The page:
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Badilisha Lugha KISWAHILI

3000 newborns spared HIV/Aids

17th April 2010
First Lady, Salma Kikwete

Over 3,000 newborns in Kilimanjaro Region have been protected from HIV/Aids infection from their victim mothers in four years time.

The ‘life saving’ feat has been possible through the partnership between U.S Elizabeth Glaser Pediatrics AIDS Foundation (EGPAF) and Kilimanjaro Christian Medical Centre (KCMC).

Briefing the visiting first Lady, Salma Kikwete on Thursday, the KCMC Director for hospital services, Dr Mark Swai said the alliance with EGPAF has saved lives of 3,163 infants and would bring hope to many in future.

“Only 487 babies equivalent to 13.3 per cent of the total 3,650 infants who were born by HIV/Aids victim mothers here have been infected,” Dr Swai told the first lady.

That means the teamwork has successfully managed to protect 3,163 newly born infants from HIV/Aids infection from their victim mothers. The number is equivalent to 86.7 per cent of all the newborns.

He revealed that KCMC had received a total of USD 1,696,384 from EGPAF in a bid to provide care and treatment of children and their families living with HIV/Aids.

EGPAF Associate Technical Director, Dr Aisa Muya said her organization had enabled KCMC to establish a Child Centred Family Care Clinic (CCFCC), where care and treatment of children and their families living with HIV/Aids is now provided for under one roof.

Dr. Muya further said EGPAF also purchased CD4 Cell Count Test machine and Polymerase chain reaction (PCR) that enables researchers to produce millions of copies of a specific DNA sequence in approximately two hours.

“This DNA-PCR is used to identify HIV from four up to 18 months old infants” she noted, adding that EGPAF also enabled KCMC to import and distribute ARVs for hundreds of patients.

Speaking after visiting the CCFCC, the first lady, Salma Kikwete praised EGPAF for their struggle in protecting children from being infected with HIV/Aids from their victim mothers.

“I would like to thank EGPAF for the significant job which they are doing to ensure hospitals and health centres provide sustainable health cares for HIV/Aids sufferers,” she said.

Tanzania is home to 1.4 million people living with HIV/Aids, 140,000 of whom are children.

Meanwhile, Tanzania is said to be one of the countries making progress in reducing maternal mortality but political commitment and robust national plans remained important in the campaign to fight the scourge.

The World Health Organization (WHO) Director General Margaret Chan said robust national plans with accountability indicators and a consolidated investment in cost-effective multi-pronged interventions that target several goals at once were characteristics that will determine success.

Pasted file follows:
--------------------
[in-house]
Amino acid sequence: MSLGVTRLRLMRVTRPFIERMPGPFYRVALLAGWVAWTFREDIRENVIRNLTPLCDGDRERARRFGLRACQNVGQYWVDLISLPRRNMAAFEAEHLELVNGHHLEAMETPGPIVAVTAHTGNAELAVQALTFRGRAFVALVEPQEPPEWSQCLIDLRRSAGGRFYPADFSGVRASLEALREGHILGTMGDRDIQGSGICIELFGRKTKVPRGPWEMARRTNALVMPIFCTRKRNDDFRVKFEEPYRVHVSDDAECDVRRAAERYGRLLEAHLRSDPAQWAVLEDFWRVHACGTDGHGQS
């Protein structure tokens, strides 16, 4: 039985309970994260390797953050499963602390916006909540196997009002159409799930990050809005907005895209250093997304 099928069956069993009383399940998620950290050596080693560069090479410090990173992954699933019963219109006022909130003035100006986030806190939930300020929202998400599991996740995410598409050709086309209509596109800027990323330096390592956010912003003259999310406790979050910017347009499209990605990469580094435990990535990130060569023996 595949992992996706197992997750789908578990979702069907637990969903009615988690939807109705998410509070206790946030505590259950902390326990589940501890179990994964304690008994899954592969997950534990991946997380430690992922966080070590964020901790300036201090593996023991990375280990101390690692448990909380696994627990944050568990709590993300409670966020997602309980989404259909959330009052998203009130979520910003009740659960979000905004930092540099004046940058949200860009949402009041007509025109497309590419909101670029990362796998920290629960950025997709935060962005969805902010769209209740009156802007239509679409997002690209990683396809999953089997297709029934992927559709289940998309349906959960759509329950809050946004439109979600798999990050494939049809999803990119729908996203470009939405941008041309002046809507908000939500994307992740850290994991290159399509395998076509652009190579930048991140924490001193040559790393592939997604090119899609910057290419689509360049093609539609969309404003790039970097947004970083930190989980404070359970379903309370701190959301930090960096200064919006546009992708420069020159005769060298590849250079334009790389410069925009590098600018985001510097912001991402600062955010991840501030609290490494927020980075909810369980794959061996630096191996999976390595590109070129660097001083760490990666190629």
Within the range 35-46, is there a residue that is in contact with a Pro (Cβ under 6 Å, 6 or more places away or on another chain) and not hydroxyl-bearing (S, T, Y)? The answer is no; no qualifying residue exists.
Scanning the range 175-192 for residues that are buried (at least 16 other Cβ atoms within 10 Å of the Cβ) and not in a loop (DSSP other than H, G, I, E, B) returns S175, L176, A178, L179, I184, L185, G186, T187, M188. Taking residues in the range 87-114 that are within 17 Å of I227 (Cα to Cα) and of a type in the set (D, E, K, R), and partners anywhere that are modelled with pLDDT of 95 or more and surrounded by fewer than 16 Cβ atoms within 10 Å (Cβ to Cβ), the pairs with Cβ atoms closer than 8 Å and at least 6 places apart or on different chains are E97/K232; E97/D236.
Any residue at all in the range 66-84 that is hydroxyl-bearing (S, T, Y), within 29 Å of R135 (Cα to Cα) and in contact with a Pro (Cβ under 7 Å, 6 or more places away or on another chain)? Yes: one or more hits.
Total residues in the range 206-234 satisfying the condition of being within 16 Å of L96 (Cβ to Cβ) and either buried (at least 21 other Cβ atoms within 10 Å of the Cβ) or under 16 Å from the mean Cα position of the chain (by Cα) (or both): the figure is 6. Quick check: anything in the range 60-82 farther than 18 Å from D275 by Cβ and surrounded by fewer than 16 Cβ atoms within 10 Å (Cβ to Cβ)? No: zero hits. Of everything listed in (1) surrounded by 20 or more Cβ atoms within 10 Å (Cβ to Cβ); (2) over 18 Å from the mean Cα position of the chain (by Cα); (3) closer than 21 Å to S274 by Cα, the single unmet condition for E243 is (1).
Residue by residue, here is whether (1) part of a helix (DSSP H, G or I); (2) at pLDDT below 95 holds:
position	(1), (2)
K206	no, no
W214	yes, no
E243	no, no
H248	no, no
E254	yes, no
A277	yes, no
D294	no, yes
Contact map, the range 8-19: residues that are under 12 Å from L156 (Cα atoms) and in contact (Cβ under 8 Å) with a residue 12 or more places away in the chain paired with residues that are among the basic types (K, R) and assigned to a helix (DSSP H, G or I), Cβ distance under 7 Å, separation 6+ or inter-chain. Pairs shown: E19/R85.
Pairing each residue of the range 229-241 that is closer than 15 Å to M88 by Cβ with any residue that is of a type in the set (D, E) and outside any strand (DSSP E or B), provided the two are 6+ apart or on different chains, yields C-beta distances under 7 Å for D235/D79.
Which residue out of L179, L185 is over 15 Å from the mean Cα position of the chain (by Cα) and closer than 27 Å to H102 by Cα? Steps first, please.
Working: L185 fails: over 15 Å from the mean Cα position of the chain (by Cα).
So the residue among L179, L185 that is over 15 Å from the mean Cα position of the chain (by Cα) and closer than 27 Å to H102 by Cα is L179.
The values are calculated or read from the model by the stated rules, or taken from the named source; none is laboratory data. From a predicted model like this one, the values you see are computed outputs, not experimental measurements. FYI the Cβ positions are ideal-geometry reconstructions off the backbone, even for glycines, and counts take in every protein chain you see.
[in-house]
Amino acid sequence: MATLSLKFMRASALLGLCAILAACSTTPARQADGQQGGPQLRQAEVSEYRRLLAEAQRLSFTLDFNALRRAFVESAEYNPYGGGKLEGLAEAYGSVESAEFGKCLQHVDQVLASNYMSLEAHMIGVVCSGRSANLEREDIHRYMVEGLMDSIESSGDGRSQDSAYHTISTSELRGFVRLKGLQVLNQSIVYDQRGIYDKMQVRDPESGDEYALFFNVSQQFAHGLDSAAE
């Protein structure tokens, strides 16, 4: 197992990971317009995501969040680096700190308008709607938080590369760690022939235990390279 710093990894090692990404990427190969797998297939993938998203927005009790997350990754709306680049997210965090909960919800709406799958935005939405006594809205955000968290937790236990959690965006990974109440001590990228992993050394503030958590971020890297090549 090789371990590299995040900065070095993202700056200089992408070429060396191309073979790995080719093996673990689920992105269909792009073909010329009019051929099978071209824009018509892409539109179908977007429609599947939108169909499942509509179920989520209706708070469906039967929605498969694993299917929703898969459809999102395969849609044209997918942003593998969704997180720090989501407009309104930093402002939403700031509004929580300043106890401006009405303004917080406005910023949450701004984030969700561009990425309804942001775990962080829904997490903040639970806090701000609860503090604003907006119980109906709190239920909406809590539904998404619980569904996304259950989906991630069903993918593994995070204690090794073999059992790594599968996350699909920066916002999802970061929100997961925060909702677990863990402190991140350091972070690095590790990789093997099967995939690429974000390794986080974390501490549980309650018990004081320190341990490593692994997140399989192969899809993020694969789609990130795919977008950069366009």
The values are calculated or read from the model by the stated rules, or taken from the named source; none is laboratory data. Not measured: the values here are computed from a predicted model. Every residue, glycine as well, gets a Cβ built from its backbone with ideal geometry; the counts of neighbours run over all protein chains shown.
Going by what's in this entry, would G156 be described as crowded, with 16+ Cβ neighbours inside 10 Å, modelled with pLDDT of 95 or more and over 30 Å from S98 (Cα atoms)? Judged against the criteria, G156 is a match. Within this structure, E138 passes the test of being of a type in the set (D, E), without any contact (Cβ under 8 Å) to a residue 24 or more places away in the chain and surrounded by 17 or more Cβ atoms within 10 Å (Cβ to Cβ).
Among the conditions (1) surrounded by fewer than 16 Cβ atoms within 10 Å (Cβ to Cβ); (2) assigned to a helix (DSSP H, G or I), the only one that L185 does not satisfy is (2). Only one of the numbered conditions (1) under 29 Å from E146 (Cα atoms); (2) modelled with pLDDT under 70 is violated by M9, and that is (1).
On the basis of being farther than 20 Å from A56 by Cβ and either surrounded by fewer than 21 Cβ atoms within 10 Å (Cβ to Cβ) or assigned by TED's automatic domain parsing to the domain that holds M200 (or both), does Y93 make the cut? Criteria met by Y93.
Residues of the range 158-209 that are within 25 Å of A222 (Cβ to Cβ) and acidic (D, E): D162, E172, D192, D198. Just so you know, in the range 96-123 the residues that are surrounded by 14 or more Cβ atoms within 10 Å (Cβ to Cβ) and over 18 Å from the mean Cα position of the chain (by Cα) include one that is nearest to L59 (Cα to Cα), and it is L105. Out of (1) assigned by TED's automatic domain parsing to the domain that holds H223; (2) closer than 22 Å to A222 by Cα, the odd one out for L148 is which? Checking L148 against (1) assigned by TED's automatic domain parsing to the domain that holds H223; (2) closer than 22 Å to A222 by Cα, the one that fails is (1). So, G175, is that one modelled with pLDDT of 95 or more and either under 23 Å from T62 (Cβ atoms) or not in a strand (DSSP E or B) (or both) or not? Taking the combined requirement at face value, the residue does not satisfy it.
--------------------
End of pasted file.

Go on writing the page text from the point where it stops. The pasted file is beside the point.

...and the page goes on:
Chan was addressing key partners on the eve of a formal meeting that was convened by UN Secretary-General Ban Ki-Moon to further develop a set of concrete actions to advance the United Nations multi-pronged campaign to fight the scourge.

However Chan said the progress was fragile and not enough, adding that the UN wanted to see further progress in other countries.

“So basically we are seeing progress,” she added. “But it is also correct to say that the progress is not enough, the progress is fragile. Some countries are making progress, primarily India, China, Rwanda, Tanzania, Ethiopia – the list is longer than what I have just said – but the… UN has 192 countries, so we would like to see further progress in other countries,” said Chan.

Irenei Kiria, Executive Director of Sikika, a non-governmental organization which works to ensure government used public resources for health effectively said maternal mortality has remained stagnant at 578 per 100,000 live births in the past 15 years.

“We should have reduced 144 per 100,000 live births by now if we want to meet the goal 5 of the Millennium Development Goals (MDGs) which seeks to reduce maternal mortality by three-quarters between 1990 and 2015,” said Kiria.

He further said four years remained before the deadline for the goals, adding that it was difficult for the country to meet the goal due to various challenges it faced in the health sector.

Tanzania has a gap of 32 percent in human resources in the health sector and there was lack of supplies at almost all health facilities and the country at district levels.

Those present included President Jakaya Mrisho Kikwete of Tanzania, Prime Minister Jens Stoltenberg of Norway, Indonesian Vice President Boediono, United States Secretary of Health and Human Services Kathleen Sebelius and Canadian Minister of International Co-operation, Beverley Oda.

For his part, President Kikwete said more funding was required to increase global efforts towards further reduction of deaths to women and children.

He further said the government has raised its health sector budget to 11.0 per cent of the national budget and that health ranked third in budgetary allocation.

It has been 10 years since the launch of the Millennium Development Goals (MDGs), whose ambitious targets were to slash a host of social ills by 2015, including reducing the maternal mortality ratio by three quarters.

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